Let us now take our leave of this wretched woman, and turn our attention for a moment to her unhappy daughter. Here undoubtedly there is much to blame, but there is also something to pity and to lament. Her youth, her inexperience, her unsortunate situation in a most corrupt court, the vile example that was constantly before her eyes, the influence, the authority, the commands of a profligate mother, these are circumstances that plead powersully for compassion, and tend in some degree to mitigate her guilt. Her sirst sault evidently was that grofs violation of all decorum, and all custom too, in appearing and dancing publicly before Herod and a large number of his friends assembled at a sestive meeting, and perhaps half intoxicated with wine. But it is not probable that a young woman of high rank, and so very tender an age as she seem* to have been, should have voluntarily taken such a step as ihis, or should have been able to subdue at once all the modesty and the timidity of her sex, and acquire courage enough to encounter the eyes and the observations of £tx licentious an assembly. There can be little doubt, that fiie was wrought upon by the persuasions of her artsul mother, who flattered herself that this artisice might produce some such effect in the mind of Herod as actuallyfollowed. What adds great weight to this conjecture isj that her next dreadsul transgression, her singular and san« guinary request to have the head of John the Baptist preftnted to her, was unqestionably the suggestion ©f the abandoned Herodias.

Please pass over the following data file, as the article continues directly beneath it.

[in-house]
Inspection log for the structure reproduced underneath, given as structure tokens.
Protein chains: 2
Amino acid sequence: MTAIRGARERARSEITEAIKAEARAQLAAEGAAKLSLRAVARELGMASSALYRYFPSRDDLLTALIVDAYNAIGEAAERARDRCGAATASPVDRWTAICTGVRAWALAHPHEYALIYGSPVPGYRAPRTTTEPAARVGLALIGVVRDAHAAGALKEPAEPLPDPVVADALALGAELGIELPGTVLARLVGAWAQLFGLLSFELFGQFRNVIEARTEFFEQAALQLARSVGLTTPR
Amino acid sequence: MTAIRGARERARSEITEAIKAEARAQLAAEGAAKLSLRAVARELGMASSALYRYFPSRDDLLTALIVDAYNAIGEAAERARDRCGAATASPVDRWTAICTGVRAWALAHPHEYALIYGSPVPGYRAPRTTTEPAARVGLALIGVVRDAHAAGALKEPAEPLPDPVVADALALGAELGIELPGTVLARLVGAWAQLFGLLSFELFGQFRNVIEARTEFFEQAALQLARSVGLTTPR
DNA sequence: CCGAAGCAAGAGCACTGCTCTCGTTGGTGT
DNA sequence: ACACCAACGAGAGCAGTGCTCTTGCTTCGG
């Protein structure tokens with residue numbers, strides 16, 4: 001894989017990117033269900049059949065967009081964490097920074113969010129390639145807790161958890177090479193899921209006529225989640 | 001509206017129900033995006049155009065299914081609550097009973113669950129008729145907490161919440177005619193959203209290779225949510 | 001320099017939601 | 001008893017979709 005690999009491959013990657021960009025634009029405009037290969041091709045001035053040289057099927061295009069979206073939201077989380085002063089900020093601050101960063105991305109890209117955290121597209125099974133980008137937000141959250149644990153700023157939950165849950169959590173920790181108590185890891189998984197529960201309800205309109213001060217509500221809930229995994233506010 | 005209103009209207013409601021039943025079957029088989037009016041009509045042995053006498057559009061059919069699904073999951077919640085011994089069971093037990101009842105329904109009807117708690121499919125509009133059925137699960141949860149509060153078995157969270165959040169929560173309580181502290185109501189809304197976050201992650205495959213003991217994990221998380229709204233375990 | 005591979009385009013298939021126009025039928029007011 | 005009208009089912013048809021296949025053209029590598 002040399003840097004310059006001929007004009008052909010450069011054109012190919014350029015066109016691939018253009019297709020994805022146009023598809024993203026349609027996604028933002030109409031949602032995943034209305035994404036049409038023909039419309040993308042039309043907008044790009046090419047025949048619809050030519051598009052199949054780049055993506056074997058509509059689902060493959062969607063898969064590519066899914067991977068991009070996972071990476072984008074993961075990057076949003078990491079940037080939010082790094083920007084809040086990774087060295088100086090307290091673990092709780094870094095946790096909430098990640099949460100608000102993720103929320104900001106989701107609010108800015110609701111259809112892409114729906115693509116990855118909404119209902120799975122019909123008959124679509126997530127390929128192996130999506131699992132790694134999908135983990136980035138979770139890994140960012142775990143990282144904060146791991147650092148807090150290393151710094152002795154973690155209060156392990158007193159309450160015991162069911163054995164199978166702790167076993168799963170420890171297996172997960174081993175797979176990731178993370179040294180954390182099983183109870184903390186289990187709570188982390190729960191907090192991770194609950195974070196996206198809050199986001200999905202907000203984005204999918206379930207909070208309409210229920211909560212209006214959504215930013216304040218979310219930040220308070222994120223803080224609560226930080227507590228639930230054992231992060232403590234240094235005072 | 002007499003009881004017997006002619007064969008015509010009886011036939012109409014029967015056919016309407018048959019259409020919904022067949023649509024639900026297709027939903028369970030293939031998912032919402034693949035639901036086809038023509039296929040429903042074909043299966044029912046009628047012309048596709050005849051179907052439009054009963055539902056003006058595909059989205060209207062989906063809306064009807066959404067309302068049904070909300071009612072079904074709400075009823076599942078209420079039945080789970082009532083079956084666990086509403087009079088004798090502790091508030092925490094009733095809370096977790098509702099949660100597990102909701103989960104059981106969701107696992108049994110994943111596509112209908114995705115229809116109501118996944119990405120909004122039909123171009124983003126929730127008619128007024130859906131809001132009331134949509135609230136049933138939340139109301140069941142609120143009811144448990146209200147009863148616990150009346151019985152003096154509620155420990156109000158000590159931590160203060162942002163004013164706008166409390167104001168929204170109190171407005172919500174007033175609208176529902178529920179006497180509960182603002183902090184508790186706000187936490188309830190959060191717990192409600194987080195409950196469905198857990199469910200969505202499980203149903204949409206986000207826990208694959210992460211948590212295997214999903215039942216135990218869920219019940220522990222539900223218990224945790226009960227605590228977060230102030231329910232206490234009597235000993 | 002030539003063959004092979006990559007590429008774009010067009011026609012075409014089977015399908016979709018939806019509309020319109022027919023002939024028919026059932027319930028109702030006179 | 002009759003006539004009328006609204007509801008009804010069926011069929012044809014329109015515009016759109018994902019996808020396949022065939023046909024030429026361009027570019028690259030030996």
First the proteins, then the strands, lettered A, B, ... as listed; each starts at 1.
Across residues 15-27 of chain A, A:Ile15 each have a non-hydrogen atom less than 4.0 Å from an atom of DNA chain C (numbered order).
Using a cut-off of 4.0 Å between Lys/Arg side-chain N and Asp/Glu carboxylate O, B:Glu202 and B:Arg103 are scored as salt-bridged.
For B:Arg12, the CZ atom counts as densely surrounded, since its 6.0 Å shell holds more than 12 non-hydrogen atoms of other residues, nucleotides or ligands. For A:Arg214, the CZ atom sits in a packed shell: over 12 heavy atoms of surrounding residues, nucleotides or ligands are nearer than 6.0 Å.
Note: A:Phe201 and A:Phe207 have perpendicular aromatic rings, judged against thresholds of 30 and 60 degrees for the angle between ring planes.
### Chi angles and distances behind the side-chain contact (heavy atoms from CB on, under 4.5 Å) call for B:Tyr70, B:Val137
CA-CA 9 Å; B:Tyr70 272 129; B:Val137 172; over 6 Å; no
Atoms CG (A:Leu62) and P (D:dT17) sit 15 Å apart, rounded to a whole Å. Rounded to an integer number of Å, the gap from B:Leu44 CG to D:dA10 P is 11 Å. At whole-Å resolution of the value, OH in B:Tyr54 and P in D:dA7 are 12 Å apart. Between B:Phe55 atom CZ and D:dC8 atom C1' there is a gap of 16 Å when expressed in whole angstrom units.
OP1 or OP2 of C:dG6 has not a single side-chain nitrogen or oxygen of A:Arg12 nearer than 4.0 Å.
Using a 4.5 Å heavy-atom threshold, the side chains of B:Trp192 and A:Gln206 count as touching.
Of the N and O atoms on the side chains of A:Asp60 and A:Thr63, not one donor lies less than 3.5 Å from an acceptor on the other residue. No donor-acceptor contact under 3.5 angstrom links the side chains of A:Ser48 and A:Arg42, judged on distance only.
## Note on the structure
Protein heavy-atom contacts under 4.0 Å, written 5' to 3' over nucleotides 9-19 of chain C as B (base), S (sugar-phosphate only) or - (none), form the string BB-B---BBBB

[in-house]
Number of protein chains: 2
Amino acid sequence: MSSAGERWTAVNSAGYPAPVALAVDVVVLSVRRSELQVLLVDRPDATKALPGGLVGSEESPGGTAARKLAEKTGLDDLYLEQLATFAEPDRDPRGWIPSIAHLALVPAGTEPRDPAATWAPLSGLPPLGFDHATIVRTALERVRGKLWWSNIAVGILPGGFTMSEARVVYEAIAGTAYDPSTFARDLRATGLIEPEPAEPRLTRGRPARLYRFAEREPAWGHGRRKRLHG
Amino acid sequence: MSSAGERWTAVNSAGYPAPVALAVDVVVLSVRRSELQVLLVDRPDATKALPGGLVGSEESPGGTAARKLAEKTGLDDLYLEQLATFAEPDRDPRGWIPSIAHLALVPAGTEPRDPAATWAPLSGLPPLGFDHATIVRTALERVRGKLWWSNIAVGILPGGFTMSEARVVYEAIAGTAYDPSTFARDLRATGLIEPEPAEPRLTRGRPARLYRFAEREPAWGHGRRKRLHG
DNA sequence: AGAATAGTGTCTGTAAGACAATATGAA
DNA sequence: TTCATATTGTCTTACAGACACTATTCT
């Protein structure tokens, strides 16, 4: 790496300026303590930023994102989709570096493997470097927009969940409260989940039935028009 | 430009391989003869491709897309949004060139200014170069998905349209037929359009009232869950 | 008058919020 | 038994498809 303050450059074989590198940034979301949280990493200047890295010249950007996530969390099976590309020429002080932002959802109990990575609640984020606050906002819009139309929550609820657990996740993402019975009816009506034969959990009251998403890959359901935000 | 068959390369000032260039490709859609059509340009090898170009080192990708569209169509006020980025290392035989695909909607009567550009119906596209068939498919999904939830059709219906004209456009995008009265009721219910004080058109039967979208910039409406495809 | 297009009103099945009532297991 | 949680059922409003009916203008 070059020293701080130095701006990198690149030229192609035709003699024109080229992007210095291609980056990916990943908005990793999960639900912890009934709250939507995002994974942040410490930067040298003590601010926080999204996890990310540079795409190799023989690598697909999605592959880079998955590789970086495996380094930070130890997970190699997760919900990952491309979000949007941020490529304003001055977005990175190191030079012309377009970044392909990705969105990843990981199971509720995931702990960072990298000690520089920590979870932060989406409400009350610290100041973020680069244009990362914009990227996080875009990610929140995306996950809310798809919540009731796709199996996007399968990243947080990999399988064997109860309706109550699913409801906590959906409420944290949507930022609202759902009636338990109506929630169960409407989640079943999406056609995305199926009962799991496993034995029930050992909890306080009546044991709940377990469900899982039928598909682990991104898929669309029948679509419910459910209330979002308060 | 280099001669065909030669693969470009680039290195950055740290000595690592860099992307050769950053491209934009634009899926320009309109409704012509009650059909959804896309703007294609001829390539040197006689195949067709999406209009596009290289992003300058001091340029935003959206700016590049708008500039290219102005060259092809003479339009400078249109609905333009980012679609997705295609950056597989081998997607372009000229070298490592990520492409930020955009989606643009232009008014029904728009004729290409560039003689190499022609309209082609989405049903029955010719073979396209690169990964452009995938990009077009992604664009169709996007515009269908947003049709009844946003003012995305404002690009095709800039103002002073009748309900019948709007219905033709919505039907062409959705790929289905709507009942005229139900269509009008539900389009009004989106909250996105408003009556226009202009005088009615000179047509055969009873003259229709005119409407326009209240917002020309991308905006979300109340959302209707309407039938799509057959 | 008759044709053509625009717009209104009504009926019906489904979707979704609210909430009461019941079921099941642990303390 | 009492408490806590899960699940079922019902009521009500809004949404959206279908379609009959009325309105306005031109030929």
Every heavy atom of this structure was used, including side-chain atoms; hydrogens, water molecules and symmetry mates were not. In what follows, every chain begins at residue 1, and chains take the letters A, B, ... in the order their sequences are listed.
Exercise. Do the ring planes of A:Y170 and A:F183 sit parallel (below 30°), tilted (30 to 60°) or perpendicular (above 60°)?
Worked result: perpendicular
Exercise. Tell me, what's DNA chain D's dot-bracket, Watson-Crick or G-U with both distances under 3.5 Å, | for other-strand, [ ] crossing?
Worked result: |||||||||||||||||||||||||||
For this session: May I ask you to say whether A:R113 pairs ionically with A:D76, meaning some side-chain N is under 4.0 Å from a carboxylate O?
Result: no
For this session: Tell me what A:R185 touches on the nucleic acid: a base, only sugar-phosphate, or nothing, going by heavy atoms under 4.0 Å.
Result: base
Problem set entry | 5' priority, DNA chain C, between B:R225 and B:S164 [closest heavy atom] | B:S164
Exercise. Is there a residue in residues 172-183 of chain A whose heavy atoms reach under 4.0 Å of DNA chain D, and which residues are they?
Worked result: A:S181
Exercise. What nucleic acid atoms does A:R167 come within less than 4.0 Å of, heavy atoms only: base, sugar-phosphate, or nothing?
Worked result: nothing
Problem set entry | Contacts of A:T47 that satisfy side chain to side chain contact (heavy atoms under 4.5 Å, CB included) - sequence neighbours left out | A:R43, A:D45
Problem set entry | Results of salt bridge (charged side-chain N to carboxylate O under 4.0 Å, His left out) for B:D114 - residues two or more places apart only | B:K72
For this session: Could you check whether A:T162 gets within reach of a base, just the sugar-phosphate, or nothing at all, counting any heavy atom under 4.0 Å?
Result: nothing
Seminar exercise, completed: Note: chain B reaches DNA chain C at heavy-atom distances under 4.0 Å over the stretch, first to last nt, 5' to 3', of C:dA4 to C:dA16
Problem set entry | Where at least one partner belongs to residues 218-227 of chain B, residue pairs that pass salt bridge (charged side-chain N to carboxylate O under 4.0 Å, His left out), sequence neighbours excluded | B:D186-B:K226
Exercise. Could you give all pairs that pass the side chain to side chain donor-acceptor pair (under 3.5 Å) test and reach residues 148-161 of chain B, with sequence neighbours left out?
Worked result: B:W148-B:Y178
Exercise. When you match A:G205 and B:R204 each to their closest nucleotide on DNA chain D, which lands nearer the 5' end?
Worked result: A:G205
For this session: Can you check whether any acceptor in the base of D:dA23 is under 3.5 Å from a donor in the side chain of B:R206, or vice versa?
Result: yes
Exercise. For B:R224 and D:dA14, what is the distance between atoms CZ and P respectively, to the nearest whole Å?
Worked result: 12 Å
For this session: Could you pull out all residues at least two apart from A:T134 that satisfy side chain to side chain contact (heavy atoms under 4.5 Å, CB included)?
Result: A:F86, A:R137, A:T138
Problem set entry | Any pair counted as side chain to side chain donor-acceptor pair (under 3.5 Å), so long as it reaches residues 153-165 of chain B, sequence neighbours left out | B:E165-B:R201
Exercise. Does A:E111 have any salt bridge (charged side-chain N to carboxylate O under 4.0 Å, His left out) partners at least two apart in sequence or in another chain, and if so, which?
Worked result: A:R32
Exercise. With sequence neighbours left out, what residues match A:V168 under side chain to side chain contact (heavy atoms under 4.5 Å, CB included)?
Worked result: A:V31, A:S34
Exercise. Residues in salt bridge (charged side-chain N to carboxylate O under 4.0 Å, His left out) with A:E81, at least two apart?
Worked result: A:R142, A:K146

The sacred historian expressly insorms us, that it was in consequence of being before instruSed of her mother that she made this demand. Nor is this all; there Is great reasoa to believe that it was with the utmost dissiculty she was prevailed on to comply with the injunctions that were given her; for the original words probibafiheifa vpo tes metros, which we translate before inJluSed of her mother, more strictly signisy being wrought upon, mstigated, and impelled by her mother; for this is the sense in which that expression is used by the best Greek writers.

This supposition receives no small consirmation from the manner in which she is represented by the evangelist as delivering her answer to Herod. "She came strightway with haste unto the king;" she betrayed on her return the utmost emotion and agitation of mind. She had worked herself up to a resolution of obeying her mother %. arid was in haste to execute her commission, lest if any pause had intervened her heart should relent, her spirits sail her, and she should not have courage to utter the dreadsul demand she had to make*

All this seems to imply great reluctance on her part, and^ evidently is a considerable alleviation of her crime; yet does by no means exempt her from all guilt. For although obedience to parents is a very sacred duty, yet there is another duty superior to it, that which we owe to our Maker. And whenever even a parent would incite us to any thing • plainly repugnant to his laws, as was the case in the prefent instance, we must, though with all possible decency and respect, yet with sirmness and with courage, relist the impious command, and declare it to be our desided resolution "to obey God rather than man."